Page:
Issued by moneyer Mussidius Longus during the Second Triumvirate (Octavian, Lepidus, and Mark Antony), the iconography of this denarius at first seems an odd choice: a sewer goddess? Mussidius Longus issued two types with this reverse: one with an obverse of Sol and one with Concordia.
From the Numismatic Fine Arts auction catalog, Julius Caesar and His Legacy; an Auction of Roman Coins, 13 May 1991, p. 8:
"The types of this denarius reflect the notions of cleansing and renewal which were implicit in the mandate of the Second Triumvirate. Sol, the sun god, was one of Mark Antony's patron deities. Ancient myths told of a nightly battle between the sun and the powers of darkness, from which the sun always emerged triumphant. This cycle provided an inspiring allegory for the hoped-for victory over Caesar's assassins.
More obscure is the scene depicted on the reverse of this denarius. It is a shrine that would have been familiar to the coin's contemporaries, dedicated jointly to Venus Cloacina, the patroness of the city sewers, and Concord. Thus is symbolizes both purification-- through in a manner slightly incongruous to modern taste-- and the cooperation between Antony and Octavian."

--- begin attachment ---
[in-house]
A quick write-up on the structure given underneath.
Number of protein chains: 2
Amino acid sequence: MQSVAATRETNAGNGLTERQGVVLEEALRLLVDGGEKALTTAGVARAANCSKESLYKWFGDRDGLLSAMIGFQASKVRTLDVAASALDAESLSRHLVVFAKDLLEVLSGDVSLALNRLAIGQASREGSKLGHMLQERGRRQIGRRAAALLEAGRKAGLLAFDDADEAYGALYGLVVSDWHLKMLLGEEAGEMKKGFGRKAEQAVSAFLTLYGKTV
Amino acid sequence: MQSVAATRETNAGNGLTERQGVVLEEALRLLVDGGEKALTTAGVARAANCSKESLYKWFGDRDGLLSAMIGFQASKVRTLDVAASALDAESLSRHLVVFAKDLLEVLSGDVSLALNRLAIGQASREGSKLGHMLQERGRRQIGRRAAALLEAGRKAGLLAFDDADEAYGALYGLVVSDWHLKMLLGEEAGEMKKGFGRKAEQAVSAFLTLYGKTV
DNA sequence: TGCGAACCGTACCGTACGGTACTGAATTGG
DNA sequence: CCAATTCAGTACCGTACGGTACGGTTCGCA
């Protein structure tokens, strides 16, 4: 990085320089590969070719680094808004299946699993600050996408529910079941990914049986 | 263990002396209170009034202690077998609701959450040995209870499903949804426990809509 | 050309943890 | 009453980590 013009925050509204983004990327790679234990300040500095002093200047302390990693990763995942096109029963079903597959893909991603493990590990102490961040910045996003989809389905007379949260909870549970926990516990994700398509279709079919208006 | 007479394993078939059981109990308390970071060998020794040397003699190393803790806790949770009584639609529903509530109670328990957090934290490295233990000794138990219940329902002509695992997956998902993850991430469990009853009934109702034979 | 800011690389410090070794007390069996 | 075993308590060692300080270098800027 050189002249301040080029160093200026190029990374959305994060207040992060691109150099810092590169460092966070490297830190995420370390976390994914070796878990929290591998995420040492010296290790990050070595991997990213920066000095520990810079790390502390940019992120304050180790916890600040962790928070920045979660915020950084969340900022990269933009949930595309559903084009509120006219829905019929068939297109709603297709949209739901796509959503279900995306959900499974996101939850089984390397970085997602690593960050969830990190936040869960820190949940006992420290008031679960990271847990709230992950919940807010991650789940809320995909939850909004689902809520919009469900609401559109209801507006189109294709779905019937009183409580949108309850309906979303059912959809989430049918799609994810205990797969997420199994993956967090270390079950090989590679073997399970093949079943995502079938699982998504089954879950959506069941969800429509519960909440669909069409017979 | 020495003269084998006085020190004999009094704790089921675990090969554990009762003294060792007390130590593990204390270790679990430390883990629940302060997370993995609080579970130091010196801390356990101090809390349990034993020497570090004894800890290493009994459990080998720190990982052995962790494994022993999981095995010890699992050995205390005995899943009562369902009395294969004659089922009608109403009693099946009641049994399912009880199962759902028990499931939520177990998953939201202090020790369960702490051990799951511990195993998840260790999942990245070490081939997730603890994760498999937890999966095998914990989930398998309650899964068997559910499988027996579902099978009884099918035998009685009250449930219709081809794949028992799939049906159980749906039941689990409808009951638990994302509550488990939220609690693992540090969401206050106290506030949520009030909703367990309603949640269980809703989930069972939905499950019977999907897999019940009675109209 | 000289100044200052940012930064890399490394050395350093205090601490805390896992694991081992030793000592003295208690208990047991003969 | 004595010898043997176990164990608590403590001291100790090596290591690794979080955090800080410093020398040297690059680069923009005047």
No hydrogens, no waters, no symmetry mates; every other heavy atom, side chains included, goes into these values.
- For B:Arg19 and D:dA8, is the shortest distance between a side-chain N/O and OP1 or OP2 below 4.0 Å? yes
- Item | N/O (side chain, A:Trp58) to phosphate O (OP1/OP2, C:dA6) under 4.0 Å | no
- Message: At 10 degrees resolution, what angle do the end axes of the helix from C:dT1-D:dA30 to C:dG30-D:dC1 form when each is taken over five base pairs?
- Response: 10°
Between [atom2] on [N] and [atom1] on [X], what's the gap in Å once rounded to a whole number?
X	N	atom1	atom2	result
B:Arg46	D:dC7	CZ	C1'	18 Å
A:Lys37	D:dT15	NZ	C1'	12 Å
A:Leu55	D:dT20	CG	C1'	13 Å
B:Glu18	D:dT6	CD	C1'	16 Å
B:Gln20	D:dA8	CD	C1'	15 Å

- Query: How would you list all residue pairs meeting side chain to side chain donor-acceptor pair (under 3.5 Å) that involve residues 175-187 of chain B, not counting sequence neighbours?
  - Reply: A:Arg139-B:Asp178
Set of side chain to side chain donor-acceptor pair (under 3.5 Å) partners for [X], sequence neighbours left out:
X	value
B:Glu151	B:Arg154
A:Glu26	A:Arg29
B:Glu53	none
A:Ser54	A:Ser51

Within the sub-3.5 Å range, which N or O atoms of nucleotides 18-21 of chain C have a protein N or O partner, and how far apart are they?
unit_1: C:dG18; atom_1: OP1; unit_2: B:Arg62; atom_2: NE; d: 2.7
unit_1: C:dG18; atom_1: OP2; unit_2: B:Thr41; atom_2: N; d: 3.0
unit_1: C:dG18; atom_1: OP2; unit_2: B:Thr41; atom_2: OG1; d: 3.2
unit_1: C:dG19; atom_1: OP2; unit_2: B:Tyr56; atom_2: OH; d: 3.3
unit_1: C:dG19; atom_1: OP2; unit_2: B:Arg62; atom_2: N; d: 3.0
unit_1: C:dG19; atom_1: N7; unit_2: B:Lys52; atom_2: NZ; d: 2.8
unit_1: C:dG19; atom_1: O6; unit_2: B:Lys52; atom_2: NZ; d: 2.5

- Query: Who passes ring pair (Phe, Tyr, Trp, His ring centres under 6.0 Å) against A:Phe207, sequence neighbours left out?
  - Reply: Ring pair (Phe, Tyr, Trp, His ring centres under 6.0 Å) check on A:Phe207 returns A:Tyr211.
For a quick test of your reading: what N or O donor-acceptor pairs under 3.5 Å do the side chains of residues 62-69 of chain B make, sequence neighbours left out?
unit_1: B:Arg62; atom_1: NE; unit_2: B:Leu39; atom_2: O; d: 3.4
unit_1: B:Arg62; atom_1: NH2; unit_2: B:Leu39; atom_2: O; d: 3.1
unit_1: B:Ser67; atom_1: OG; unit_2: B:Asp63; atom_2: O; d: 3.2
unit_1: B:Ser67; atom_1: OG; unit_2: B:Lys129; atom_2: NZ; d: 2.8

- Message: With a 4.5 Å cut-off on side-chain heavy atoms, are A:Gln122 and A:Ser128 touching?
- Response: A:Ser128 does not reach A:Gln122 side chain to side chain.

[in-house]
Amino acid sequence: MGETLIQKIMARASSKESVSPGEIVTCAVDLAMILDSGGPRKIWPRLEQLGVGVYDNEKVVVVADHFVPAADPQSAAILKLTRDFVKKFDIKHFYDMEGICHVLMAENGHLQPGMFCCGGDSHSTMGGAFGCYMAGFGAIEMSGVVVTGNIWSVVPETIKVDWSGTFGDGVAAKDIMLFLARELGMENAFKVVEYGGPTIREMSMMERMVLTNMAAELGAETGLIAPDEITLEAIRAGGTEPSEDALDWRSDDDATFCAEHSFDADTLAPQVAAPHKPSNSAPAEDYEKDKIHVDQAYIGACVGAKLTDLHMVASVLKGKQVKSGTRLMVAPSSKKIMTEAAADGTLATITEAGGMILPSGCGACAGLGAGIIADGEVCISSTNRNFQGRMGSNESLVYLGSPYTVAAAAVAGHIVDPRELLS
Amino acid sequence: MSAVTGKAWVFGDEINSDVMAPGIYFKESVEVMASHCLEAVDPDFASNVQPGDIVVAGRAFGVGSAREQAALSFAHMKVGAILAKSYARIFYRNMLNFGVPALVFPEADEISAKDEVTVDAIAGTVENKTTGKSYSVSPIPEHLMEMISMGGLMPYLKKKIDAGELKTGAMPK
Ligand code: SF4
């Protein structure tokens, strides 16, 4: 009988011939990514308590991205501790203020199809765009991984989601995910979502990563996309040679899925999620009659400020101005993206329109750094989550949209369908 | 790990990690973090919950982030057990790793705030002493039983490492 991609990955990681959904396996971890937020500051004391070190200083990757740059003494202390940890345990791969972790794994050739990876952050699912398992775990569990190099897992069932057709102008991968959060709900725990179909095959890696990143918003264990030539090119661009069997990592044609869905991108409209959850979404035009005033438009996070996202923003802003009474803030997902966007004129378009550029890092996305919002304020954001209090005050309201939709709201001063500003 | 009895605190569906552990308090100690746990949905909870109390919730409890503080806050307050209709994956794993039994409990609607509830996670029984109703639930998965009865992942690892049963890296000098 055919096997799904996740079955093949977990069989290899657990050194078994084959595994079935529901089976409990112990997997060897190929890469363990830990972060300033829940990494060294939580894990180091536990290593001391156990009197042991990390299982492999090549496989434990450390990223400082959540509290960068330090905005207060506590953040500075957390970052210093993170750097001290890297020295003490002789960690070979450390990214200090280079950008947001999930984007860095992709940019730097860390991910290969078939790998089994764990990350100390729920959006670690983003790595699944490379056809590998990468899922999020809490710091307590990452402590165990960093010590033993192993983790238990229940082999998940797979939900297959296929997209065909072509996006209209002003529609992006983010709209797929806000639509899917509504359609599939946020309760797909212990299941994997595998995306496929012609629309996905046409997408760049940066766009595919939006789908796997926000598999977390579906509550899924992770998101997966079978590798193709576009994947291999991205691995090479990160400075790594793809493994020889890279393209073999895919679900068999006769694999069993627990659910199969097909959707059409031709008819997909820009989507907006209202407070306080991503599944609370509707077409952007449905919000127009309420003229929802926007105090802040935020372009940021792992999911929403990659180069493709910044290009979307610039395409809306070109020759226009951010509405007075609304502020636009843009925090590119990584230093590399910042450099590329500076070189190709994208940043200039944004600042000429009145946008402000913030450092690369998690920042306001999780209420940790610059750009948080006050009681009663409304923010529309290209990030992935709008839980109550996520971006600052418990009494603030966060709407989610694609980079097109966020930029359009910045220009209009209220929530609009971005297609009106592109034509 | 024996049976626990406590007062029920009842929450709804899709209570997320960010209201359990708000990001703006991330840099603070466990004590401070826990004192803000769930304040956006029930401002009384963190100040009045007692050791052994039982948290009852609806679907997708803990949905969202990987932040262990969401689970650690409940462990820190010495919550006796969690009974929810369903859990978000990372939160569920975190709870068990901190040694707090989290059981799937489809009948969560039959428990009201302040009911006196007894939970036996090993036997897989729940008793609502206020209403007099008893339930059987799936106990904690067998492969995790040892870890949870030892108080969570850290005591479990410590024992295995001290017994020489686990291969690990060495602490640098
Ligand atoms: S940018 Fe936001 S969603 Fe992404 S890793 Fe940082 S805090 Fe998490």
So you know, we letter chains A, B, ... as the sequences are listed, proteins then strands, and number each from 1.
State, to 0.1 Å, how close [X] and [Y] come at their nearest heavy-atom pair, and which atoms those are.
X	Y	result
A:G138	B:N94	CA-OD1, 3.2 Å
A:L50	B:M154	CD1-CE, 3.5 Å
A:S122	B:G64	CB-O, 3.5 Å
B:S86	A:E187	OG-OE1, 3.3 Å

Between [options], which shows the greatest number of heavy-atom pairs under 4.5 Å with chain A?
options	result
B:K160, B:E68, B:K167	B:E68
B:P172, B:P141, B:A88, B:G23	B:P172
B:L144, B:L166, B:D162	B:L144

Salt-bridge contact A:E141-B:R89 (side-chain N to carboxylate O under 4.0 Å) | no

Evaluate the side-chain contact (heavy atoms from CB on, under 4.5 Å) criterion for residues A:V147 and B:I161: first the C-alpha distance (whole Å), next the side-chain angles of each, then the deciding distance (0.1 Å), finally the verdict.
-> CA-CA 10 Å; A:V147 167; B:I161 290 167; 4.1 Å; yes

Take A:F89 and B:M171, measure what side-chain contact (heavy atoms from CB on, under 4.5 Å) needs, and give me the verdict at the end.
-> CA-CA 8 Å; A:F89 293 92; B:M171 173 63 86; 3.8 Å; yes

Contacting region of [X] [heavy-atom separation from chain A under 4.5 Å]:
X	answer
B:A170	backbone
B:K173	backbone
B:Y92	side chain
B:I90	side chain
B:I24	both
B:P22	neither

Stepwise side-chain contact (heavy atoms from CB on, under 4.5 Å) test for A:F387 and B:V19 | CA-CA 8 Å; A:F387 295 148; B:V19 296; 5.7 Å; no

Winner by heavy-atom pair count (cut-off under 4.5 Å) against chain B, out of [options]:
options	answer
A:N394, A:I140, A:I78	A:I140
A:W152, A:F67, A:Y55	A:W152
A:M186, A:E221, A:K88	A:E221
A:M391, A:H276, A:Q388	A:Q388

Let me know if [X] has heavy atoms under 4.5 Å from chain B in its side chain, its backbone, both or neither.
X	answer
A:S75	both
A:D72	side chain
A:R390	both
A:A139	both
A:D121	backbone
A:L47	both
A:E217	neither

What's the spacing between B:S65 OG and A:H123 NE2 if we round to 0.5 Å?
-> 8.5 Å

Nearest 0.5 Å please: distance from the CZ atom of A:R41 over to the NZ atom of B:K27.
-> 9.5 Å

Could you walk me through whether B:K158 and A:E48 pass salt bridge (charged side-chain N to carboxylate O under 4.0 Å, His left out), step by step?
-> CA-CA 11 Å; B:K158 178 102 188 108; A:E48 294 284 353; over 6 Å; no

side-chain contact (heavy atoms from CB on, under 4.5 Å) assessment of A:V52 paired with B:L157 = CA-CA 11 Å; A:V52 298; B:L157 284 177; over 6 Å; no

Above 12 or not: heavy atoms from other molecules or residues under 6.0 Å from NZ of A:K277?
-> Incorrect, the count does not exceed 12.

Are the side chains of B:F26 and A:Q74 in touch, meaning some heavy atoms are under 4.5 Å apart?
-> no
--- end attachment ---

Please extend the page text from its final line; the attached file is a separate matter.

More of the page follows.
For more information Venus Cloacina and the history of Rome's sewers, see "A Deity Worthy of Respect" under the Stories heading.
Moneyer issues of Imperatorial Rome
L. Mussidius Longus, 42 BCE
AR denarius, Rome mint.
Obv: Diademed and veiled head of Concordia right; CONCORDIA upwards behind; star in right field under chin
Rev: Shrine of Venus Cloacina: Circular platform surmounted by two statues of the goddess, each resting right hand on cippus, the platform inscribed CLOACIN and ornamented with trellis-pattern balustrade, flight of steps and portico on left; L • MVSSIDIVS • LONGVS around above.
Ref: Crawford 494/42b; Bab. 6; BMC 4244; Crawf. 494/42 b; Syd. 1093a